Changes in the independent advisory industry, shifting demographics and advances in technology make the ability to communicate your value critical to your success, according to Tom Nally, president of TD Ameritrade Institutional.

Advisors do not have to defend their fees because they provide services that are invaluable, especially compared to historical norms, Nally said during an interview on Friday.

“The scope of services has expanded but the fees have remained largely the same,” he said. “Advisor used to mean an investment manager who helped with investment selection, now advisors offer that and holistic financial planning, including help with estate planning, college planning and more.”

With the rise of online advisory firms, advisors will need to clearly communicate their value to clients, said Skip Schweiss, TD Ameritrade’s managing director of Advisor Advocacy.

“It’s not about defending their fees, it’s more about articulating their value to clients, making sure they understand all of the services the advisor provides," he said.

Schwiess added that, in many ways, some of the online financial planning, investment and money management services available online may end up being used by advisors to supplement the planning they do. “These types of things may actually be seen more as a tool for advisors, than as a competitor.”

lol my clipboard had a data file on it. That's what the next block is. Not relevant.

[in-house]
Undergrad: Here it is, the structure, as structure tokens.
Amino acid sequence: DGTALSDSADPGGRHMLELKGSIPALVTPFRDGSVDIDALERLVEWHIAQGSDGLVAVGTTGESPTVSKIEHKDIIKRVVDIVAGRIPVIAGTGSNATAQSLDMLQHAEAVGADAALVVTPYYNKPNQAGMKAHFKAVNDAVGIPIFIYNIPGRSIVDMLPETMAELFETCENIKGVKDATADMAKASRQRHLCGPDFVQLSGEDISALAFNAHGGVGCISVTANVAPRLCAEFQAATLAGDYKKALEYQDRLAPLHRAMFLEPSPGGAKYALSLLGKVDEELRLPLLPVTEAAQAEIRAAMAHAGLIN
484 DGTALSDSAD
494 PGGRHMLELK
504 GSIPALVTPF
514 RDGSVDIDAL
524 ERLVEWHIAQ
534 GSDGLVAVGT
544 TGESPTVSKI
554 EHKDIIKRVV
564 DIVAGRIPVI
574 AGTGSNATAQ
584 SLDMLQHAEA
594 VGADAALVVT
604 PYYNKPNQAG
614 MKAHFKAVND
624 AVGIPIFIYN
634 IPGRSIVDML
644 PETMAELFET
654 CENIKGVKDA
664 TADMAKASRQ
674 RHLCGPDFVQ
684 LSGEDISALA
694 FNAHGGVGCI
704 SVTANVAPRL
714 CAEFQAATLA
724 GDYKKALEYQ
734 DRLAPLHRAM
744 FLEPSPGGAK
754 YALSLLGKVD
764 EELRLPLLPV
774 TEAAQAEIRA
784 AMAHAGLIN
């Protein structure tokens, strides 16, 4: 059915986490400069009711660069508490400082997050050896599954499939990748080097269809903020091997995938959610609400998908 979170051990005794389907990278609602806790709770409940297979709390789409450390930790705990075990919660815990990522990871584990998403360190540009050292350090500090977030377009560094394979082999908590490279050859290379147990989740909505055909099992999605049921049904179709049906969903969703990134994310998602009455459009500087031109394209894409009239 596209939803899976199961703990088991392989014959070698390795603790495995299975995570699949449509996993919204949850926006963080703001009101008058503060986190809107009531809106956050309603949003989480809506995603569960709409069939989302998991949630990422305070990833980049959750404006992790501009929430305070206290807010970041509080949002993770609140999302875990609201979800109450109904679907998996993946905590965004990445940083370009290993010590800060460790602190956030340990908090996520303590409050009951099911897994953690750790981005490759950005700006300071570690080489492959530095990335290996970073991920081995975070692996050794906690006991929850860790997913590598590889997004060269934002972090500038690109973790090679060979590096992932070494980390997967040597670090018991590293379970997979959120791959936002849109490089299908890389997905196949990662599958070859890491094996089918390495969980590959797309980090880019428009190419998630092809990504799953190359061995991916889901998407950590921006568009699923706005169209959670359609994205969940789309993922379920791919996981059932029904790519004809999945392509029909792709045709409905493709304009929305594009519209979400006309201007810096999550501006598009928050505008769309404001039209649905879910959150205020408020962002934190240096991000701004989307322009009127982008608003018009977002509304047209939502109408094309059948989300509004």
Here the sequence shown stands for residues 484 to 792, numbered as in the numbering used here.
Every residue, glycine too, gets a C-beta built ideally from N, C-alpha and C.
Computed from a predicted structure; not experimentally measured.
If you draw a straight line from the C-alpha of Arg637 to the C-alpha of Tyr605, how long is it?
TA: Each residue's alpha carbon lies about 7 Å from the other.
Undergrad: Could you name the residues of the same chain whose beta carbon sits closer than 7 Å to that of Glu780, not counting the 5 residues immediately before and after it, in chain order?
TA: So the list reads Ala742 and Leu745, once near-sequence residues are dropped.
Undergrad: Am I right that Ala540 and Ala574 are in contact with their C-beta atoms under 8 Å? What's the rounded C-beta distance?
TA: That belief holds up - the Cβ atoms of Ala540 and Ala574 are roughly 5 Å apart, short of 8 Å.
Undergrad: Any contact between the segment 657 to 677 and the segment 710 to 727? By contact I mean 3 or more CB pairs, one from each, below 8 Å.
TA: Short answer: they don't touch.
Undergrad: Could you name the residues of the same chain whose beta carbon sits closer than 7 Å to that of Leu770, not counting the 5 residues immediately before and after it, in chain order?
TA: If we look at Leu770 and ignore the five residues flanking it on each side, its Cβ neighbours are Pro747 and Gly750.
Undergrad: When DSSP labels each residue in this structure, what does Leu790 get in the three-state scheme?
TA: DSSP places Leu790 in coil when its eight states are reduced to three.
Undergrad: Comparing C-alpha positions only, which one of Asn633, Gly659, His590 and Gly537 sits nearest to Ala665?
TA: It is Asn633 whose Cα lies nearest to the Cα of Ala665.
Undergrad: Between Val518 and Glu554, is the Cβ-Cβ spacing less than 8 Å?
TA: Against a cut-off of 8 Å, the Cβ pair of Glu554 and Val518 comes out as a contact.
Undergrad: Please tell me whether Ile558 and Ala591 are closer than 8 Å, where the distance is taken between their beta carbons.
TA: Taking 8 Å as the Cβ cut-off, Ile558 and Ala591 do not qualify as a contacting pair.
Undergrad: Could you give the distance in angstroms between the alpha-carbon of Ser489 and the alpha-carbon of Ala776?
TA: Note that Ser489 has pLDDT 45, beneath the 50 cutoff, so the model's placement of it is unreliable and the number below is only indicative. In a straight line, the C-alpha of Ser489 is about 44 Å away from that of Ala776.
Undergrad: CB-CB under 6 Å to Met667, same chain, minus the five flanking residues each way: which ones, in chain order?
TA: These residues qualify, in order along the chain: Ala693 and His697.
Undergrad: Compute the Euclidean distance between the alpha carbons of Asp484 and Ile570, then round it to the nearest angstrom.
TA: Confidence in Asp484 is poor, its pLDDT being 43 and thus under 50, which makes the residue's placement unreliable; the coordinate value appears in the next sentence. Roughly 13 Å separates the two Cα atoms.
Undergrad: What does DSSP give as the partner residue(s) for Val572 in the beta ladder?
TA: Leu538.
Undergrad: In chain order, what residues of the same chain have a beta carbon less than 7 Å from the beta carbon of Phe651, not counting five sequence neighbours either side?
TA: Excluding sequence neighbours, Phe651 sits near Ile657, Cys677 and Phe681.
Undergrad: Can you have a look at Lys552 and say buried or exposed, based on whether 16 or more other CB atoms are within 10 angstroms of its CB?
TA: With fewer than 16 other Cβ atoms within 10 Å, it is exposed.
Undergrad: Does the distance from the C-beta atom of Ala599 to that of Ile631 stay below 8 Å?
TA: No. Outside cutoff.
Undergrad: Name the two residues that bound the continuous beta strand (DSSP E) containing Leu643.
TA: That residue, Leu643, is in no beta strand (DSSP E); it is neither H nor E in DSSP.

Beyond those industry changes, a major demographic shift is underway making it essential for advisors to figure out how to communicate and engage both the next generation of advisors and clients. Many advisors are looking for ways to reach out to younger, less wealthy potential clients now.

“Don’t wait until [potential clients] achieve a certain level of wealth where they’ll need professional financial planning,” Nally said. “Advisors need to be in the front of their minds now.”

Social media is yet another way advisors are responding to changing demographics and preferences and making the most of new technology. It represents both an opportunity and a challenge for many advisors.

Younger generations seem more apt to communicate via their mobile devices, whether it’s texting, social media or email on their phones, and advisors need to adapt to that preference, Nally said.

“The idea that social media is all about marketing is a myth and advisors are starting to realize that," he said.

As such, social media will be another area of focus at the upcoming TD Ameritrade conference. Social media labs will be available to help advisors learn how best to use this new tool to communicate with clients. In an increasingly digital and social time, where studies have shown that people trust peer recommendations over advertising and marketing.

“Advisors need to embrace social media as another communication channel,” Nally said.

Register or login for access to this item and much more

All Financial Planning content is archived after seven days.

Community members receive:
  • All recent and archived articles
  • Conference offers and updates
  • A full menu of enewsletter options
  • Web seminars, white papers, ebooks

Don't have an account? Register for Free Unlimited Access